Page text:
Interview with Linux Foundation executive director Jim Zemlin |

Interview with Linux Foundation executive director Jim Zemlin

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We got a chance to send a few questions to Jim Zemlin, executive director of the Linux Foundation. We wanted to explore open source principles like transparency, community, and collaboration in his world.  And we got a chance to ask him about the Open Source World Summit in China--and why both Microsoft and the Linux Foundation want people to pay for Windows.

Interested in hearing Jim in person? Then don't miss LinuxCon, taking place August 10 - 12, 2010, in Boston, MA. His LinuxCon talk is titled “A New Approach to Open Source Compliance.

Zemlin talks China, Windows, and Linux in our lives

Jim Zemlin, Executive Director, Linux Foundation1) What one big opportunity, outside of technology, has the best chance of being solved the open source way? (i.e., collaboration, transparency, meritocracy, rapid prototyping, community)

Better government. I think most people would find the attributes of open source--collaboration, transparency, meritocracy, etc.--would be a breath of fresh air in government. The Sunlight Foundation is working on this. I am on the board of Open Source for America, and there are many other organizations working on this.

2) What are some of the principles from the open source way that help make The Linux Foundation successful?

Open source principles are a cornerstone of our daily work. At the Linux Foundation we ask ourselves three simple questions every day: First, is the work we are doing significantly increasing the adoption of Linux and open source? Second, is this work something that requires collaboration among many parties? Third, is this something the Linux Foundation is equipped to facilitate?

3) What is your reaction to the recent decision on the Bilski case?

Unfortunately, the ruling left us with more questions than answers. We continue to want to see improvement in patent quality and reform in the area of software patents.

4) Tell us about your leadership style. What parts of the open source way influence the way you lead?

The community. If you are not an effective leader there is always someone who will tell you what you are doing wrong. You can be defensive, or you can listen and change. I find the latter prevents endless e-mail exchanges and needless stress.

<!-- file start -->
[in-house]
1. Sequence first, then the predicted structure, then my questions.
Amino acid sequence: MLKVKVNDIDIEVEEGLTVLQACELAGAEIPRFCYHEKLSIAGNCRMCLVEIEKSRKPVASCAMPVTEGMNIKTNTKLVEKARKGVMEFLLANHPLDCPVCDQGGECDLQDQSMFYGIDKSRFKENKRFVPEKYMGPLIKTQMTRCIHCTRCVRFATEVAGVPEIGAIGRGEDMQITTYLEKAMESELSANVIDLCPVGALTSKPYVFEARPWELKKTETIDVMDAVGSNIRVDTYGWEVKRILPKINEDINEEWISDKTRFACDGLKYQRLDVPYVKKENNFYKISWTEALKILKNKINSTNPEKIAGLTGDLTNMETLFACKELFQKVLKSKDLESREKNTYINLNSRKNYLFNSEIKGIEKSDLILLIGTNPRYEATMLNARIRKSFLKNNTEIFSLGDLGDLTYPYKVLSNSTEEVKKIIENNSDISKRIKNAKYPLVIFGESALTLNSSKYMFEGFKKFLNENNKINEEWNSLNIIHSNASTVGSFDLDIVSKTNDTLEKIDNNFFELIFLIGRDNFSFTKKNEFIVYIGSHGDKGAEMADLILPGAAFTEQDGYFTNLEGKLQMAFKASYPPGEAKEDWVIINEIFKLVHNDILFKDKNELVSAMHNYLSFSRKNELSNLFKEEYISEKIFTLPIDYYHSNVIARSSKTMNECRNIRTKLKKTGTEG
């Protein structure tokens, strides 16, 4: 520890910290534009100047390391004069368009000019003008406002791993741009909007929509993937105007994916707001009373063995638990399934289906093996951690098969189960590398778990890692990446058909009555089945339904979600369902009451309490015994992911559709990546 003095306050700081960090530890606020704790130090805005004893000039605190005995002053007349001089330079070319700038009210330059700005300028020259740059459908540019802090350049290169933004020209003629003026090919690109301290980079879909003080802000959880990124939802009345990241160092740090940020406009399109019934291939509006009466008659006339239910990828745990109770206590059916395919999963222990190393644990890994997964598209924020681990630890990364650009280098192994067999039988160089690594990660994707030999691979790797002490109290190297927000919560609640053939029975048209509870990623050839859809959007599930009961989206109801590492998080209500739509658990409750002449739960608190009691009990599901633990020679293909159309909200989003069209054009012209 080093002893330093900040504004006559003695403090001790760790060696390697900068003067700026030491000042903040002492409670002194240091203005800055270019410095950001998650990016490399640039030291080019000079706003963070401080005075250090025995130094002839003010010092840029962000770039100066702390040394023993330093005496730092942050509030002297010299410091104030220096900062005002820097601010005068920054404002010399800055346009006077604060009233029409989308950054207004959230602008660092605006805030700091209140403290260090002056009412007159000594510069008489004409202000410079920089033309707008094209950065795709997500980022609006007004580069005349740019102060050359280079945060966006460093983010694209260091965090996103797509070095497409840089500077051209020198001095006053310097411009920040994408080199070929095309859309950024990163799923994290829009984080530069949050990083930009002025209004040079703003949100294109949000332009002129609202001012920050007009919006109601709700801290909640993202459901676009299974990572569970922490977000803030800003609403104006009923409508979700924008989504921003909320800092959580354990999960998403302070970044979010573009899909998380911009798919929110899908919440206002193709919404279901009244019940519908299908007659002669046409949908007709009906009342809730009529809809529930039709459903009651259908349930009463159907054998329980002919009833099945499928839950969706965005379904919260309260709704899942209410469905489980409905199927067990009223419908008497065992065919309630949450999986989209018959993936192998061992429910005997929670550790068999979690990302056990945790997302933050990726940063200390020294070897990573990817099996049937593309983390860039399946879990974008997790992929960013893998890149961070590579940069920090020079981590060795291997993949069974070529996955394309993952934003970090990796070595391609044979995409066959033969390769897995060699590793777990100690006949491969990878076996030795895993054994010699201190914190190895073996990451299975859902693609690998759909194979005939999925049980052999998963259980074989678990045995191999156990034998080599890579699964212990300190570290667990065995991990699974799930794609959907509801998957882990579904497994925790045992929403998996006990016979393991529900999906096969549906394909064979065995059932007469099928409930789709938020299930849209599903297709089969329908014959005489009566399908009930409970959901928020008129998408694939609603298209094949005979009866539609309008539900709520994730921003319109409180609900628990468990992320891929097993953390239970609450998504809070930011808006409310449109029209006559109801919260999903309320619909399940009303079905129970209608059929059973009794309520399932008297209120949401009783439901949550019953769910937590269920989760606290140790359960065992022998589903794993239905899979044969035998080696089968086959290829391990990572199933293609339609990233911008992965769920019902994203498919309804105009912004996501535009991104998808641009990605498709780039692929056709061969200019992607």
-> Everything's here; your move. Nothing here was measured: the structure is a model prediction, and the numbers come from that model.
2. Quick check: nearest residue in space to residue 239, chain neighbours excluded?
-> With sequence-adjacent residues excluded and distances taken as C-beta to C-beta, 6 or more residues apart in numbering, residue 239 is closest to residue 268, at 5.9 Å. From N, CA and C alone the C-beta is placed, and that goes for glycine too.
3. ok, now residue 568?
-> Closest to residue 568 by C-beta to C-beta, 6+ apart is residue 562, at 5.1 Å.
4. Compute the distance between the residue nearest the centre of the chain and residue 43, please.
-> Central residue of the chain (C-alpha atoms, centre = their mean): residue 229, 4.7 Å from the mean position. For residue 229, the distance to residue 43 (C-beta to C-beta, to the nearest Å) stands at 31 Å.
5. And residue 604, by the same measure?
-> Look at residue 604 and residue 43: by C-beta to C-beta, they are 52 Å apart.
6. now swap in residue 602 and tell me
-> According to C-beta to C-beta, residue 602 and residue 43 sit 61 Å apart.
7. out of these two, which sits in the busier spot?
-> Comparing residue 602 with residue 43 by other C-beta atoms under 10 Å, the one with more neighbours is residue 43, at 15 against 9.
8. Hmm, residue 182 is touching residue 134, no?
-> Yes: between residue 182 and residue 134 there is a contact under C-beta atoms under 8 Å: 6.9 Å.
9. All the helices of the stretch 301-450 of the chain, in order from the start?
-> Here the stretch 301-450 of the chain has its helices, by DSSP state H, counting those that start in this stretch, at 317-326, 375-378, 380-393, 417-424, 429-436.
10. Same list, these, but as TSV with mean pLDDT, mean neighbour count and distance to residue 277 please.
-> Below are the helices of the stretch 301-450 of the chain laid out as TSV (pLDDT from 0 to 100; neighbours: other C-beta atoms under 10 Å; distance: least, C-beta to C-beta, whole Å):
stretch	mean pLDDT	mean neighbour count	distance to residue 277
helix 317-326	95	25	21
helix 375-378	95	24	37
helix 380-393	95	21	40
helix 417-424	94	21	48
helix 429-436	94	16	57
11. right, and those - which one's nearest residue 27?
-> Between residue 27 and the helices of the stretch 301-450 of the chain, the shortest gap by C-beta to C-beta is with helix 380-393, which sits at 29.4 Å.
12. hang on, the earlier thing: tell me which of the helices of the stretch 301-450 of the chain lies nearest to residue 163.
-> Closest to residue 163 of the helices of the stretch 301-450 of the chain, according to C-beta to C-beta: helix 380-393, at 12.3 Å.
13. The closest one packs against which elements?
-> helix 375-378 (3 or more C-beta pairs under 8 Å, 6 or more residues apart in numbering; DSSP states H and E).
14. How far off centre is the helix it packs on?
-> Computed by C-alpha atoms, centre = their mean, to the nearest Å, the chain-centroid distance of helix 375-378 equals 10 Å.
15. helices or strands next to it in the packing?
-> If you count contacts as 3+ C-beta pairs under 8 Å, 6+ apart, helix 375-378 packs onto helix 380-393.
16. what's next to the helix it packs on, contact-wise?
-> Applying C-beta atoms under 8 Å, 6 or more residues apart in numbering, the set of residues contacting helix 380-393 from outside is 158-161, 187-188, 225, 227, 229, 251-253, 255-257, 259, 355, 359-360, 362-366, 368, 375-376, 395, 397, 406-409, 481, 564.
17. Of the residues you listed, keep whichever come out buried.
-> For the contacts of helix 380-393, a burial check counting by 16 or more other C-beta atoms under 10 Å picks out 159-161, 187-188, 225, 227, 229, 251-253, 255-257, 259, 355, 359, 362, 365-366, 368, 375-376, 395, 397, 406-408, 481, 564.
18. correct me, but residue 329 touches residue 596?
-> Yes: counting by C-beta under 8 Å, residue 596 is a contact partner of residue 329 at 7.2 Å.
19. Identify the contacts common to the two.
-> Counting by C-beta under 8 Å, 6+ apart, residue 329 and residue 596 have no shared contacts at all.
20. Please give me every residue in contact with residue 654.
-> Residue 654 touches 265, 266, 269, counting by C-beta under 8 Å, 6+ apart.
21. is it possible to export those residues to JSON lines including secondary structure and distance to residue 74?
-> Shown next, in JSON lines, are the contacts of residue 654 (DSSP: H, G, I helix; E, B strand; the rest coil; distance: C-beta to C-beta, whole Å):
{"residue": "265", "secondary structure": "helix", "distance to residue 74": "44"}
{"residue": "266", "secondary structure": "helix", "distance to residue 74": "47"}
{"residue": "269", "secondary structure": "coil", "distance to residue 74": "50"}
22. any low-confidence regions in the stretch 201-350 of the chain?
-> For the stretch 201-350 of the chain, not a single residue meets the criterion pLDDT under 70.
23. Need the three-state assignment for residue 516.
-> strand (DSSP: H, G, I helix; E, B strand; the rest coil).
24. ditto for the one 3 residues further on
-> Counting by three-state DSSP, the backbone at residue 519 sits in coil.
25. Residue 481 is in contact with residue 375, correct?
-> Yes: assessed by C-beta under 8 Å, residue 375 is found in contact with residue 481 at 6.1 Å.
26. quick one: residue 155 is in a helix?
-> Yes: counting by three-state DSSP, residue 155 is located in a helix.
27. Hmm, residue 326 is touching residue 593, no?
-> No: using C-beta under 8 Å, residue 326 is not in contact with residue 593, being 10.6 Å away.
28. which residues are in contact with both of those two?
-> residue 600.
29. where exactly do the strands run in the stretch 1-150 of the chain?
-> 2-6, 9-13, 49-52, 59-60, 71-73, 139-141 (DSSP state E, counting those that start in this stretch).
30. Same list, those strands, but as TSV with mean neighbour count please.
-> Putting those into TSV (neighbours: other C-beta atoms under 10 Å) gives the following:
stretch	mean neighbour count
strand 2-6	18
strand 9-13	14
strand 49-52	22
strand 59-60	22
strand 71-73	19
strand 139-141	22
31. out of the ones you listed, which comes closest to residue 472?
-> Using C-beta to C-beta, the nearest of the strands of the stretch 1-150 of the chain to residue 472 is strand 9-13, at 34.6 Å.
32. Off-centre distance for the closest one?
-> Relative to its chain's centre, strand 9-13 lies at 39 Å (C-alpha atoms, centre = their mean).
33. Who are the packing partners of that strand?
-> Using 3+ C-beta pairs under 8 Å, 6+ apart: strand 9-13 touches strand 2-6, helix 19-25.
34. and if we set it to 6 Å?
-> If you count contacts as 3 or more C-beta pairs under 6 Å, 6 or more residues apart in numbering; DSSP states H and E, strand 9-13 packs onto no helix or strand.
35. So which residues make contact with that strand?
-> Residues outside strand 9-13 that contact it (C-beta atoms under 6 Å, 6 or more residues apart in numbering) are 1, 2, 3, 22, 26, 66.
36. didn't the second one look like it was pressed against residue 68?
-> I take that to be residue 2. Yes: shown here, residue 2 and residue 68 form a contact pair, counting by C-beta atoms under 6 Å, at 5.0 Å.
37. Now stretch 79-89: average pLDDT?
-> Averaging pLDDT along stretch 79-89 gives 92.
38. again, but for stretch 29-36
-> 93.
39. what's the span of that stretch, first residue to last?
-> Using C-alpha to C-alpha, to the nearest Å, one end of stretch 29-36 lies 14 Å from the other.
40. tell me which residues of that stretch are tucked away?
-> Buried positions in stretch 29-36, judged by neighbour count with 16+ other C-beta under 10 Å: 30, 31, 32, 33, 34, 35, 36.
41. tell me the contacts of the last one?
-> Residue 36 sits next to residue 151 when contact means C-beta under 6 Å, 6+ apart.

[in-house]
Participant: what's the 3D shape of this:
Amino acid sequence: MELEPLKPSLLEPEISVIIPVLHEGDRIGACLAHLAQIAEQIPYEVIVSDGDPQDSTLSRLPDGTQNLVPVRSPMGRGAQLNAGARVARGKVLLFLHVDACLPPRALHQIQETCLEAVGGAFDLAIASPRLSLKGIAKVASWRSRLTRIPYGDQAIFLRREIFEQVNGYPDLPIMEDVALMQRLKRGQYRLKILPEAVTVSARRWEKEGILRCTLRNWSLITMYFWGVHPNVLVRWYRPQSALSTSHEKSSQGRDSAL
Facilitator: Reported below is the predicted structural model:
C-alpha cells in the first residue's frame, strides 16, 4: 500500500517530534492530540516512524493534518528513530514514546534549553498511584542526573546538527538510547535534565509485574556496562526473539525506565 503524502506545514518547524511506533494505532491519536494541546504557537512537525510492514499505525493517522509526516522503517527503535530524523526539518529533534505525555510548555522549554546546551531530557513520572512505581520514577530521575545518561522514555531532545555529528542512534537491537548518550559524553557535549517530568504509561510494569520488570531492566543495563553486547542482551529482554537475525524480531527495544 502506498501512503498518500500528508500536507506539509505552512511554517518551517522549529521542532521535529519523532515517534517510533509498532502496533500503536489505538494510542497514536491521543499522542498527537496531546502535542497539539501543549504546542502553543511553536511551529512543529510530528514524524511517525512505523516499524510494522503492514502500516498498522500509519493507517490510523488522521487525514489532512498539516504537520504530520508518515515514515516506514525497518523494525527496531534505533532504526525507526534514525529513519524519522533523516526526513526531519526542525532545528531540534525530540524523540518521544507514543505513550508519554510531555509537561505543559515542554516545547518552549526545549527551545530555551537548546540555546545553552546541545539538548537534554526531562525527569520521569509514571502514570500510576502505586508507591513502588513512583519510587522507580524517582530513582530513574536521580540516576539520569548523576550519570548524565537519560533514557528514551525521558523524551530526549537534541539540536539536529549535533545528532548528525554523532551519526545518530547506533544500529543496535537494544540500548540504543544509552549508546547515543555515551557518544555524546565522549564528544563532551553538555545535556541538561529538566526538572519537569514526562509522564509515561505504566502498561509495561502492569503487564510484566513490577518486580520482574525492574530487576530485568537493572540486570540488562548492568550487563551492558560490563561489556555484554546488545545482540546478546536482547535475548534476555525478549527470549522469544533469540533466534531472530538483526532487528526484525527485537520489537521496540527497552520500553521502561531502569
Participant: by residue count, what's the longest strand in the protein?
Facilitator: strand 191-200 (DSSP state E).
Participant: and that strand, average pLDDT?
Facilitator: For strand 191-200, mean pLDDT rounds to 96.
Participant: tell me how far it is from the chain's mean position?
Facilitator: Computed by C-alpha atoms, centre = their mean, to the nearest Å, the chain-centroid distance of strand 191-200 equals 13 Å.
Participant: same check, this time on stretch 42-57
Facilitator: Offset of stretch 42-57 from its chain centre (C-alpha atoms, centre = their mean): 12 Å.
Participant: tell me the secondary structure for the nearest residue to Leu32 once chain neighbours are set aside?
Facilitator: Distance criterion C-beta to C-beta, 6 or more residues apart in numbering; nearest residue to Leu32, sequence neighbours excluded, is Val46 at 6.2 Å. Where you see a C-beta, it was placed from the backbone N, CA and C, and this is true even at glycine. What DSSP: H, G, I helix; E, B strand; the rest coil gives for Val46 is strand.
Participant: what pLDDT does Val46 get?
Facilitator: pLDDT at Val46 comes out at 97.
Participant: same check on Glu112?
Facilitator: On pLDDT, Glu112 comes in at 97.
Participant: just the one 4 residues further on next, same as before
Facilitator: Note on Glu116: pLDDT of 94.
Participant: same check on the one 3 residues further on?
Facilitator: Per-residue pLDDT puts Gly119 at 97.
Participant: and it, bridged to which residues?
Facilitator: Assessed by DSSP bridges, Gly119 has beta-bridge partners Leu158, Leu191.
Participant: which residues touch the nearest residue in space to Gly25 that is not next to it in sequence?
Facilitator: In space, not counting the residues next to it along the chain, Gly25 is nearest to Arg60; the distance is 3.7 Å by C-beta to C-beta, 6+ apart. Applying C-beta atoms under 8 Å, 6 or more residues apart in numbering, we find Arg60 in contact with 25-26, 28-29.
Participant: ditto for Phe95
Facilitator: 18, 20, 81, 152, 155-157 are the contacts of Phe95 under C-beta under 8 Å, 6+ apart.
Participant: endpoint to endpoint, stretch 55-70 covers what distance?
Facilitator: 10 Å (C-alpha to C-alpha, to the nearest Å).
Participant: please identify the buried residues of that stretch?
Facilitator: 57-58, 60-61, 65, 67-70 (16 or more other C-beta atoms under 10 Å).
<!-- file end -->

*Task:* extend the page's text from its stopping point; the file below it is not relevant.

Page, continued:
5) LinuxCon is coming up in August. Can you give us an update on the state of Linux and tell us what's the most impressive advancement that Linux has enabled in the mainstream that everyday people may not know about?

The state of Linux is that it's everywhere. I've been saying this for a few years--with examples such as ATMs, supercomputers, and POS (Point of Sale) terminals, among thousands of other examples. But today, it's everywhere that the most cutting edge innovations are happening and where computing is enabling our daily lives--from transportation to healthcare to utilities. It's enabling next-generation mobile computing; it will be the foundation for the smart grid; it is the platform for energy-efficient, low-cost and high-power servers. There is nothing Linux isn't touching in today's computing market and that can't be said for every OS.

Bonus: Tell us about your experience at the Open Source World Summit in China. What was a major take-away for you?

Microsoft and the Linux Foundation share a goal in China: We both want people to pay for Windows. Microsoft wants people to do it so they can make money. We want people to do it so they will see that Linux is a much better and truly free solution. Right now, Linux doesn't really have a price advantage over proprietary software in China. That is changing and the Chinese government is providing leadership there, but I would like to see that change happen faster.

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